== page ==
Earth Day & the Future of Florida
Earth Day, celebrated on April 22nd each year, serves as a global reminder of the importance of investing in our planet. It is a day to reflect on the impact of human activities on the environment and to promote conservation efforts. Every day is Earth Day at our foundation as we aim to protect and preserve wild Florida for current and future generations, both in the short and long term.
Florida Grasshopper Sparrows
Our work conserving the endangered Florida grasshopper sparrow requires both immediate funding for a conservation breeding program and protection of the sparrow’s natural habitat for future populations.
Florida grasshopper sparrow populations were on the decline prior to 2019 due to a variety of factors, including habitat loss. Without intervention, the extinction of these tiny birds was imminent. In response, the Florida Fish and Wildlife Conservation Commission (FWC), U.S. Fish and Wildlife Service (Service), White Oak Conservation, our foundation, and other partners have collaborated on a multipronged strategy, including a conservation-recovery and release program to bring them back from the brink. In 2022, the program released its 500th bird to join wild breeding populations.
With 6,000 acres of sparrow habitat, the DeLuca Preserve in Osceola County has one of the largest known breeding populations of Florida grasshopper sparrows. In partnership with the University of Florida, Bass Pro Shops, and Cabela’s Outdoor Fund, our foundation helped secure a conservation easement on its 27,000 acres as a key component in providing the recovering population a home.
In 2021, FWC recorded 1,101 manatee deaths, many due to starvation, which set the stage for the first supplemental feeding trial of its kind operated by FWC and the Service. Warm water refuge sites for wintering manatees used to house acres of eelgrass they would naturally forage on. Nutrient runoff and pollution have created toxic algae blooms that choke out aquatic plants like eelgrass and seagrass. Now all that remains are food deserts for an animal that typically would consume almost 10% of its body weight per day.
Thanks to the supplemental feeding program, locally sourced Florida lettuce has helped reduce manatee deaths during cold winter months. In 2022, the Foundation purchased 200,000 pounds of lettuce and 400,000 pounds in 2023 that fed nearly 1,000 manatees at the peak of winter.
But this remains a short term solution to starving manatee deaths; the restoration of Florida’s rapidly depleting seagrass meadows is vital for long term results. “Underwater plants are the lungs of the lagoon,” said foundation board chair Carlos Alfonso. “Two-and-a-half acres of seagrass supports as many as 100,000 fish and 100 million invertebrates, in addition to providing manatees with a crucial food source.”
Our foundation is one of several groups working hard to restore Florida’s vital seagrass meadows with eight planting projects underway in the lagoon this year. Many of these projects occur in tributaries that have proven to have good water quality. Plantings have yielded hopeful results for sustaining submerged marine vegetation for years to come.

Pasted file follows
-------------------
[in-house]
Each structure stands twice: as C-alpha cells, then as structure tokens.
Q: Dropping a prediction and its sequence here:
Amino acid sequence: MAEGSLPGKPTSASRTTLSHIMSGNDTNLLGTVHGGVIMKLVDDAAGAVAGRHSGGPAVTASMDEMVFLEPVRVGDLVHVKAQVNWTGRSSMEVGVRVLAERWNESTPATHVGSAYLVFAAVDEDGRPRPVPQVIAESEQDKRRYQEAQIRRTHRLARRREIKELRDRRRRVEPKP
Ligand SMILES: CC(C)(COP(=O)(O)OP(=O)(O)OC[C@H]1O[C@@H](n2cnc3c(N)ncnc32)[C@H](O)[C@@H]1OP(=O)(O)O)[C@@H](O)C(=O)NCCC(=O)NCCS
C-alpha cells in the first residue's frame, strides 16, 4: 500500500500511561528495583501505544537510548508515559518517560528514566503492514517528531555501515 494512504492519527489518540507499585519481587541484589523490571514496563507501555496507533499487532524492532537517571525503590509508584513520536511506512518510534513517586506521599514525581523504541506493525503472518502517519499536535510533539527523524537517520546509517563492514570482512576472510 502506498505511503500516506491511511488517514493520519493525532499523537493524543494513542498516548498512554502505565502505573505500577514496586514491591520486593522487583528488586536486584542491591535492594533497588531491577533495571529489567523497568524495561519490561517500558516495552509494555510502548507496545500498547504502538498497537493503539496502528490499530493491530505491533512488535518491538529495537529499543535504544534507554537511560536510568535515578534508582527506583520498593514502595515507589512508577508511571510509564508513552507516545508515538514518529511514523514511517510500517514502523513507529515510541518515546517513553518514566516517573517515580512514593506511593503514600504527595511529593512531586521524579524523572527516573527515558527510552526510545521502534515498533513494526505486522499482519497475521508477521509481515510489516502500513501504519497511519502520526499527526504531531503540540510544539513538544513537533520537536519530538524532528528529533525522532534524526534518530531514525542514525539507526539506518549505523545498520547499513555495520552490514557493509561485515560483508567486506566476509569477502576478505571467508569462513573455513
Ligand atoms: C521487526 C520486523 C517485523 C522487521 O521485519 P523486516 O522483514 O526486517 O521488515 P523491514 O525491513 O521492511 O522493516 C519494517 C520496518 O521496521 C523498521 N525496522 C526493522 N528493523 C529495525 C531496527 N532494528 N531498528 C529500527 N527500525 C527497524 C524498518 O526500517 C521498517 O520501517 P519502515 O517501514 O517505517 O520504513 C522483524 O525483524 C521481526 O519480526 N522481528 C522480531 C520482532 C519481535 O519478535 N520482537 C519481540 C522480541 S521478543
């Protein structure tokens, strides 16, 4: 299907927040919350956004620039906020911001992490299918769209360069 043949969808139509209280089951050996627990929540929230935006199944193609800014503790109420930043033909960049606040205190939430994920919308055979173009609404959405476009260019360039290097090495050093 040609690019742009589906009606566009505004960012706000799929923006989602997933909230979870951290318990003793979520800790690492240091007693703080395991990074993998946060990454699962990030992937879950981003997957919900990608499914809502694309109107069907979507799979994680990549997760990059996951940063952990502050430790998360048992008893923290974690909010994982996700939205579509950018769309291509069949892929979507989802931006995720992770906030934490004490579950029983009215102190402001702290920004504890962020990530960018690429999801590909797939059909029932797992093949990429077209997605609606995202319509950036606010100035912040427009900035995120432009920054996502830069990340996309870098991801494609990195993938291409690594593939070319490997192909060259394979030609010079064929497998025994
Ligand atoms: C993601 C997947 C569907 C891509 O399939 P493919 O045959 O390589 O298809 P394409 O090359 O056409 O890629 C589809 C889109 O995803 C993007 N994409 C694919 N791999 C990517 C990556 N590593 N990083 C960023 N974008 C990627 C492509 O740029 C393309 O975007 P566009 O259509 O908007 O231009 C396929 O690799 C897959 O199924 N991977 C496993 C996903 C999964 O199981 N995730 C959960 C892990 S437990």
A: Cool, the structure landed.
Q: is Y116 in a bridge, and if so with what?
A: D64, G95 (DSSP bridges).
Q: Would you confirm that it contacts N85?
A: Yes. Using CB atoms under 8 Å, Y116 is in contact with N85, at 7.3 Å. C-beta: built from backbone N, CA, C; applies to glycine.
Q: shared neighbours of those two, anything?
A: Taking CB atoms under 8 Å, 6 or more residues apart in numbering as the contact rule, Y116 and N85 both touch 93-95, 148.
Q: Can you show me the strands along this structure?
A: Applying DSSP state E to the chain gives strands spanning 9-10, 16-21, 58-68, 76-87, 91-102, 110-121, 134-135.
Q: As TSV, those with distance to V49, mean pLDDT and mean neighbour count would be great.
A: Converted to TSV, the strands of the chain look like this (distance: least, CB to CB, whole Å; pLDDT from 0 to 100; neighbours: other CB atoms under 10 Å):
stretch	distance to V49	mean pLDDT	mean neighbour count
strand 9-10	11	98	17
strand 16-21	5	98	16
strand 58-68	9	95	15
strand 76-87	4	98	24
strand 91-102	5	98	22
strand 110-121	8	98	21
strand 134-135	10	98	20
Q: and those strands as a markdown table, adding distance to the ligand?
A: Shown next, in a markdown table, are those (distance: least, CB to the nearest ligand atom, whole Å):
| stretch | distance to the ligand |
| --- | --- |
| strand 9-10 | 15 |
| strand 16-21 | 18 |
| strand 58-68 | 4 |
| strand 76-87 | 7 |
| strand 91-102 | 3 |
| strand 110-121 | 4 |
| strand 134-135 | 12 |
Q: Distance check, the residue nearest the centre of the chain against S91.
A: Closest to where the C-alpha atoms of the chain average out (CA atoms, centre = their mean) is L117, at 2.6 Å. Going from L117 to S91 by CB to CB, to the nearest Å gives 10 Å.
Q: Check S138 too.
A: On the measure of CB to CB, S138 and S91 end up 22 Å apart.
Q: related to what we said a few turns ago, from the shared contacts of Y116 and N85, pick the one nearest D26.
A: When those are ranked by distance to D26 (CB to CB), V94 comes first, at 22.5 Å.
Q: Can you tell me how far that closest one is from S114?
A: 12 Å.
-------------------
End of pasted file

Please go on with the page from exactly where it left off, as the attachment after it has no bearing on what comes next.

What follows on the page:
Coral reefs are central to the health and diversity of our oceans. Although coral reefs represent only one percent of ocean habitats, they serve as home, protection, and spawning grounds for a fourth of all marine life.
Sadly, Florida’s coral reefs are facing several issues, like stony coral tissue loss disease and invasive species like the lionfish. Our foundation is working with the National Fish and Wildlife Foundation, the National Oceanic and Atmospheric Administration (NOAA), the University of Georgia, and the Reef Environmental Education Foundation on acoustic and pheromone lures for lionfish traps and is also helping find effective biological or genetic controls.
Our Foundation has long answered the call for grant funds for research on emerging marine issues like this. When the long-spined sea urchin, a spiny creature that plays a key role in healthy coral reef systems by eating algae, began showing signs of disease, we provided much needed funds to study their habitat and survival rates through our Conserve Wildlife license plate.
In addition, we are committed to the long-term restoration of Florida’s reefs. We work with partners to combat coral disease, establish long-term monitoring of reef restoration efforts, and identify breakthrough strategies that will substantially reduce lionfish numbers throughout Florida waters, the Gulf of Mexico, and the Caribbean.
And for the past two years, our Foundation, FWC, Disney, SeaWorld, and the Association of Zoos and Aquariums have quietly been holding the largest amount of rescued corals in a nondescript Orlando warehouse called the Florida Coral Rescue Center thanks to a generous starter kit from World Wide Corals. The center is the largest facility of its kind in the U.S. and will play a significant role in the future of the coral reefs; scientists are already seeing rare corals reproducing for the first time in human care!
Investing in our planet is crucial for both short-term and long-term solutions to address environmental challenges. We are proud to be an emergency gap funder, often the first on the scene, for sudden needs of FWC and its partners, while remaining focused on solving long term challenges for the future of wild Florida.